- Accessing the Problem Solving Policing database to update the tasks they have been allocated as part of a problem solving initiative, and checking on new tasks they have been allocated.
The incident, voters, firearms, and duties tasks all directly access the live operational systems to provide the information, while the briefing sheets are continuously maintained by intelligence officers across the organisation.
Impact of SPIKE
It is undeniable that SPIKE has achieved its original objective. It has seen significant changes in the way that our staff approach their work. It has also exceeded expectations in empowering staff through easy access to information, and the ability for them to develop new ways of working based upon their own practical experience, and using the features and facilities provided by SPIKE. It has, as expected, acted as a catalyst for organisational change. For example, it has presenting new challenges to the HR function. There is now a need to move towards a competency based approach to job roles, and to middle management who now find that their traditional ways of working are being challenged. This challenge comes both from customers of the service, and staff providing the service, who can now see many alternative ways of undertaking the work.
We already have two knowledge applications developed by users. The first is a Problem Solving Policing database (the practical knowledge type) which was produced and piloted over a period of six months, and is now deployed enterprise wide as an essential part of the policing system. The second is an analytical system (the predictive knowledge type) for identifying the probability of a known individual perpetrating a crime. This application is already being used in its initial form and is currently being produced as a set of components to be integrated into a number of investigatory activities.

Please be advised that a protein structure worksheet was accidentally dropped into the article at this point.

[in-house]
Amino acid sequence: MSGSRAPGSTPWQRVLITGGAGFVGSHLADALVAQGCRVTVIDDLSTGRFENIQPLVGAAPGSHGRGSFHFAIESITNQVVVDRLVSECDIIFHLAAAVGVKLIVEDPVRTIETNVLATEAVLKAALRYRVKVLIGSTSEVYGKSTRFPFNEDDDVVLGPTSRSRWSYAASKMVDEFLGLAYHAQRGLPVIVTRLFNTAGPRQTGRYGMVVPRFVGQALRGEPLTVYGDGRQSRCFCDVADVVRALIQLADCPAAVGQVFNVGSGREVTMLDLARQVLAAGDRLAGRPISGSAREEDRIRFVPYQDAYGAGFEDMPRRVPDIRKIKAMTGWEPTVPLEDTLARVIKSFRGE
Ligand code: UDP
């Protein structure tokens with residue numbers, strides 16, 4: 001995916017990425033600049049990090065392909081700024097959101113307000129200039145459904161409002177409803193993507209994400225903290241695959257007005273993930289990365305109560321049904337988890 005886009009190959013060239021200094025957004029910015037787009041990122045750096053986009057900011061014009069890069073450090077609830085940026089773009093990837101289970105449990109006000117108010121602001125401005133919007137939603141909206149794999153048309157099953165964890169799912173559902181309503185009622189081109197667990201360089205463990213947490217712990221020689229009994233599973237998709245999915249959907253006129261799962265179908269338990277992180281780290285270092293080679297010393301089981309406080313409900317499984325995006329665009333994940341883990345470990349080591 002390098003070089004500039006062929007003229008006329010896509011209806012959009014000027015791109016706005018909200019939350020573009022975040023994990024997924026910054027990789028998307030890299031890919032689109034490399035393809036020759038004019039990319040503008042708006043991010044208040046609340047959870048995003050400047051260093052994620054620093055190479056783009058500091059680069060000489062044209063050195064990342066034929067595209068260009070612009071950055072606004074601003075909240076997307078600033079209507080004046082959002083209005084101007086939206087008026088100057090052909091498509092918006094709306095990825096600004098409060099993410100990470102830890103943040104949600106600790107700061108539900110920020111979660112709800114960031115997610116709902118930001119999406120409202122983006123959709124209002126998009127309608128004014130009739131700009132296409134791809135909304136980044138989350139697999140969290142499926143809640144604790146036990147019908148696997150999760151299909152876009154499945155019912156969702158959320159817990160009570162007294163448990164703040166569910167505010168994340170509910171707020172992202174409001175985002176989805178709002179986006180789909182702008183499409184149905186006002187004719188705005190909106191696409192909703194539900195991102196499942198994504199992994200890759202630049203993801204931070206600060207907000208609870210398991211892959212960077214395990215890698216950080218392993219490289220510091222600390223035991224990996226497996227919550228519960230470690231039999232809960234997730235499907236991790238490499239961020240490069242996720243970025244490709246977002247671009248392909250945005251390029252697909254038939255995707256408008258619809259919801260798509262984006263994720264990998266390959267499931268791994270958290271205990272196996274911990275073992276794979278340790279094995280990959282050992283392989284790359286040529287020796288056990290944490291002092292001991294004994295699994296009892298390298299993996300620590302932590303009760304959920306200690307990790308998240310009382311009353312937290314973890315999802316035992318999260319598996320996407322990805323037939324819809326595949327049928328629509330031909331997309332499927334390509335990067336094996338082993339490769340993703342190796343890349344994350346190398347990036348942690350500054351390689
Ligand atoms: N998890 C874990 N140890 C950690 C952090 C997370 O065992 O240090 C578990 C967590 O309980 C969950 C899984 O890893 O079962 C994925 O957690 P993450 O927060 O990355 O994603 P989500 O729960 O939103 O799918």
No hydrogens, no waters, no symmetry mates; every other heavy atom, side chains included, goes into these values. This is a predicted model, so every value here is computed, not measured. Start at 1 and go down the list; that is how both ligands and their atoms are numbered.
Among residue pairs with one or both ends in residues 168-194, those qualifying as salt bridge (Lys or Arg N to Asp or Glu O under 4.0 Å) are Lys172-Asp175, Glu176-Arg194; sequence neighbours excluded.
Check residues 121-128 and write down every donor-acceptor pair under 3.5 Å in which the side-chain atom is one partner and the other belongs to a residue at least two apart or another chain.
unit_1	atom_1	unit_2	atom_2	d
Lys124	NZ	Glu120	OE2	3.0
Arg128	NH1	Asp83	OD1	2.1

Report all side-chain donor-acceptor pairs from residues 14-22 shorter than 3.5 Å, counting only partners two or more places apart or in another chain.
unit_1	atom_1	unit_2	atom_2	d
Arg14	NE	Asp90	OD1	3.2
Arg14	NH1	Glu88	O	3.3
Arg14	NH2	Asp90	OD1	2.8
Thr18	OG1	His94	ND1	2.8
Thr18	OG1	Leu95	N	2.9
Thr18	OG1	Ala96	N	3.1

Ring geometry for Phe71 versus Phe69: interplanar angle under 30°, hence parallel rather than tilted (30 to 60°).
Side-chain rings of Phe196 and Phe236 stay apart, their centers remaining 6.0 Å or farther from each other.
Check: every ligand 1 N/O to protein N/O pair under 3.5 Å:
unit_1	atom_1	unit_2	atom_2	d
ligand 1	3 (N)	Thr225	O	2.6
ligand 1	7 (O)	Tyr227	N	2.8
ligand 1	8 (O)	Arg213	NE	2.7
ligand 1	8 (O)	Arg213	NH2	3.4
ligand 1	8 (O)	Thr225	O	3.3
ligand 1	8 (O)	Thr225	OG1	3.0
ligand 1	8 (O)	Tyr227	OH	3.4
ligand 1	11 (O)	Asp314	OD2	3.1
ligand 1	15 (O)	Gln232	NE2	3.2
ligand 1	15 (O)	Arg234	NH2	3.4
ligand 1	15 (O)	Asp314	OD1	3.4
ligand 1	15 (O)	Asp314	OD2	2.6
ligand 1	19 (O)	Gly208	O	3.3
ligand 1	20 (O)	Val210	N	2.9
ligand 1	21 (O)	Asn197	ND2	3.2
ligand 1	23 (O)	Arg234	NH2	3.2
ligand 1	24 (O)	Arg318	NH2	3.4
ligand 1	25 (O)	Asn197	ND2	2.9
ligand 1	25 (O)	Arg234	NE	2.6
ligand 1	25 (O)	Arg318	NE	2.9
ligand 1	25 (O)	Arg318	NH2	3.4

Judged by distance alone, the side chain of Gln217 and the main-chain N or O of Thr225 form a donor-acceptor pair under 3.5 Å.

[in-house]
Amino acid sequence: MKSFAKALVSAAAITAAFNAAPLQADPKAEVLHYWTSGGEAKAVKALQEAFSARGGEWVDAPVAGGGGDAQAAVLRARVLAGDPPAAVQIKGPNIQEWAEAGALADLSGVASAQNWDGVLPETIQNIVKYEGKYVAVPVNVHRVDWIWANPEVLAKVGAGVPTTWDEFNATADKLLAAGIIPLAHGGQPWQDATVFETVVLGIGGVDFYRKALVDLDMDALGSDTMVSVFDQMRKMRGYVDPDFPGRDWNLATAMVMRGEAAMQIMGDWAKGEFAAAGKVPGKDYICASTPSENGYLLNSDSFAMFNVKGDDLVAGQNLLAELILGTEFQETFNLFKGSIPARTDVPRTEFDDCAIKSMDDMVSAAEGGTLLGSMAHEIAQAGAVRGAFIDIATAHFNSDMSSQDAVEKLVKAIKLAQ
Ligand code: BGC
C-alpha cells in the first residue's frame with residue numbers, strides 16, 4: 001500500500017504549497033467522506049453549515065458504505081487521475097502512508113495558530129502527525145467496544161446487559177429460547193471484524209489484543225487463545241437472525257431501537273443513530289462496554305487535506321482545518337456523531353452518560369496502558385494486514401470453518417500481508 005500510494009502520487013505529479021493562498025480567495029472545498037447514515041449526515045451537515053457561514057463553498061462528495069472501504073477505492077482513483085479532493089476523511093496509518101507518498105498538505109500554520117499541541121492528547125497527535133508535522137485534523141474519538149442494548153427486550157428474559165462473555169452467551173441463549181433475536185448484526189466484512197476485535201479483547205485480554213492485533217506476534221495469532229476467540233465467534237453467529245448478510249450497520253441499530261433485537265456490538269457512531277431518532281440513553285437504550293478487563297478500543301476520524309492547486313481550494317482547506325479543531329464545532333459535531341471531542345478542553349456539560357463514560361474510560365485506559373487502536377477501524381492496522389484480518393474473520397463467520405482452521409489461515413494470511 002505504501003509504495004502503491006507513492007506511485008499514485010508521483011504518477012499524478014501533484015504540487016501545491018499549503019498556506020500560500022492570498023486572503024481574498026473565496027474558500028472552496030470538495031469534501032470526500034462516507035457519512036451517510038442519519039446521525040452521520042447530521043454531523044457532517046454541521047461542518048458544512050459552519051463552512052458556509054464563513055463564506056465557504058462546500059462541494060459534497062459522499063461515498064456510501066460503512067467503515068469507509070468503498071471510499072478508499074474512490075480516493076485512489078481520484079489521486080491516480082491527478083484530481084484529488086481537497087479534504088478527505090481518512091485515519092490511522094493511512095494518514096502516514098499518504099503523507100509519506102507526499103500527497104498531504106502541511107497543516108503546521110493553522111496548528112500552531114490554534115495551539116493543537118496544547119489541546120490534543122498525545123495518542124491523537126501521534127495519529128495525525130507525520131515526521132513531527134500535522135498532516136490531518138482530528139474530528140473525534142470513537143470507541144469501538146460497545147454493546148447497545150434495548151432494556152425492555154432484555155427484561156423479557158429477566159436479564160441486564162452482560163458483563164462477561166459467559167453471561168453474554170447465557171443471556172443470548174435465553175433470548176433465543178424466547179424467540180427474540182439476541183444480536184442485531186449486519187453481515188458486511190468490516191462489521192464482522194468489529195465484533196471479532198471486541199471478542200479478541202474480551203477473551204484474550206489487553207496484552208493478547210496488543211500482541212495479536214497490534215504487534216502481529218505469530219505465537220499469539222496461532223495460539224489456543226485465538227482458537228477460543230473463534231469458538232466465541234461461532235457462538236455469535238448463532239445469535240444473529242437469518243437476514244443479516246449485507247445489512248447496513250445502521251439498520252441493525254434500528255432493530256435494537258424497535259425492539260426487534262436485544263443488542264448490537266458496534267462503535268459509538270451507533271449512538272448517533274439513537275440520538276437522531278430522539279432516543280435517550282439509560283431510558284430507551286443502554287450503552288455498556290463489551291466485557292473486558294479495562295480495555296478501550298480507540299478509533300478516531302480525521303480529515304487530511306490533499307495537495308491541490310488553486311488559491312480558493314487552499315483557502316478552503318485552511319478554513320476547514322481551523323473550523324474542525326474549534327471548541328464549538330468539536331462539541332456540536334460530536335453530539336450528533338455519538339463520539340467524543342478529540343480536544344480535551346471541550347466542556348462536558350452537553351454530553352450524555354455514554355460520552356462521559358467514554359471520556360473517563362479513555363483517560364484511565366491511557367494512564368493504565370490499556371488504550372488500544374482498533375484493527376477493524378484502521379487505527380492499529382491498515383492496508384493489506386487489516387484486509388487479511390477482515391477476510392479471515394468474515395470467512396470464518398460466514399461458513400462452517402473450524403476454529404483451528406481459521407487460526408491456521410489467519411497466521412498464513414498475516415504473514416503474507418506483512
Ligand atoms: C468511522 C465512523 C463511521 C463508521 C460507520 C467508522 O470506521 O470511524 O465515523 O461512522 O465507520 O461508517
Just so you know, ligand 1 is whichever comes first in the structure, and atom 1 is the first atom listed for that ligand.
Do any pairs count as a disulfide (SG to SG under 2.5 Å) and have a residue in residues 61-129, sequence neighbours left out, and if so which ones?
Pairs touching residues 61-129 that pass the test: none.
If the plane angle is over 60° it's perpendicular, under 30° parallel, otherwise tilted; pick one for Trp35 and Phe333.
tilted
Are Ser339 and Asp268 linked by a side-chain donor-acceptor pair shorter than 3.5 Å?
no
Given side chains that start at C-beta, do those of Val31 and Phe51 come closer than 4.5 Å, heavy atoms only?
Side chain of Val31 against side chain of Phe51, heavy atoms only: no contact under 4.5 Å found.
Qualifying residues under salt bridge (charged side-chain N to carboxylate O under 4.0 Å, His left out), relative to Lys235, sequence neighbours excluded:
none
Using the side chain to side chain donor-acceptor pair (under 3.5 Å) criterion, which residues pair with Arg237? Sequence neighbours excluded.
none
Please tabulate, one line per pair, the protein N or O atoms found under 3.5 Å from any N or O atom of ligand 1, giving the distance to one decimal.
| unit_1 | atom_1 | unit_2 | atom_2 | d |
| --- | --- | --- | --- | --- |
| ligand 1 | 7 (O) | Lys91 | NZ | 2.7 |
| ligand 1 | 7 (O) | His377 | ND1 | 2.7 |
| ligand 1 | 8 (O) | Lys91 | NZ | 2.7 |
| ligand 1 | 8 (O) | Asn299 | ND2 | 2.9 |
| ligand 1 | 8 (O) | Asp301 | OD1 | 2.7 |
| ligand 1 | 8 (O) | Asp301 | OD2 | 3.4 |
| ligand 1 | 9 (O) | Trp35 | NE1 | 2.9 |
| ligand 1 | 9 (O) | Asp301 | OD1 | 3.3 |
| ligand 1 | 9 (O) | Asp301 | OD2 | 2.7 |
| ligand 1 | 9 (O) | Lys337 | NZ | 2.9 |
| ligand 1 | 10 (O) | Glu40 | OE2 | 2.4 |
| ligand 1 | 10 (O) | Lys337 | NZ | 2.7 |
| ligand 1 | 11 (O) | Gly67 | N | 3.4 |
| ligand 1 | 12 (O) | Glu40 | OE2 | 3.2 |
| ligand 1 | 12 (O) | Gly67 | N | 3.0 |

The potential for SPIKE in the future is enormous. The only limiting factor will be the organisation's imagination and vision of the way in which it can be used. There is much work to be done in developing the skills and experience of our staff in a planned and co-ordinated way; in changing the organisational structures and culture so that all staff are comfortable with the empowerment that knowledge and information management brings. We must also integrate more closely with our partners, suppliers and the community, in order to capitalise fully on the capabilities that 'virtualisation' brings with it.
In practical terms, SPIKE will see many enhancements over the next 12 months. Multimedia capabilities will provide access to operational radio channels through the browser, to voice mail integrated into messaging, to telephony, and to video conferencing. SPIKE will move out of the office (in the form of ROVER -Remote Office and VEhicle Environment) into vehicles, staff homes, partners offices, residents' homes, and to the street, as the second stage of virtualisation to deliver information to the place where our staff are most effective.
The last three years have been an exciting and exhilarating time in putting down the foundations for the future, and have in the process provided significant benefits to the organisation. Having done this, the speed at which new developments can be produced and deployed promises further excitement and benefits with a clear path forward for the future.
Phil Scutchings is Director of Information Services at Surrey Police. He can be contacted at:email@example.com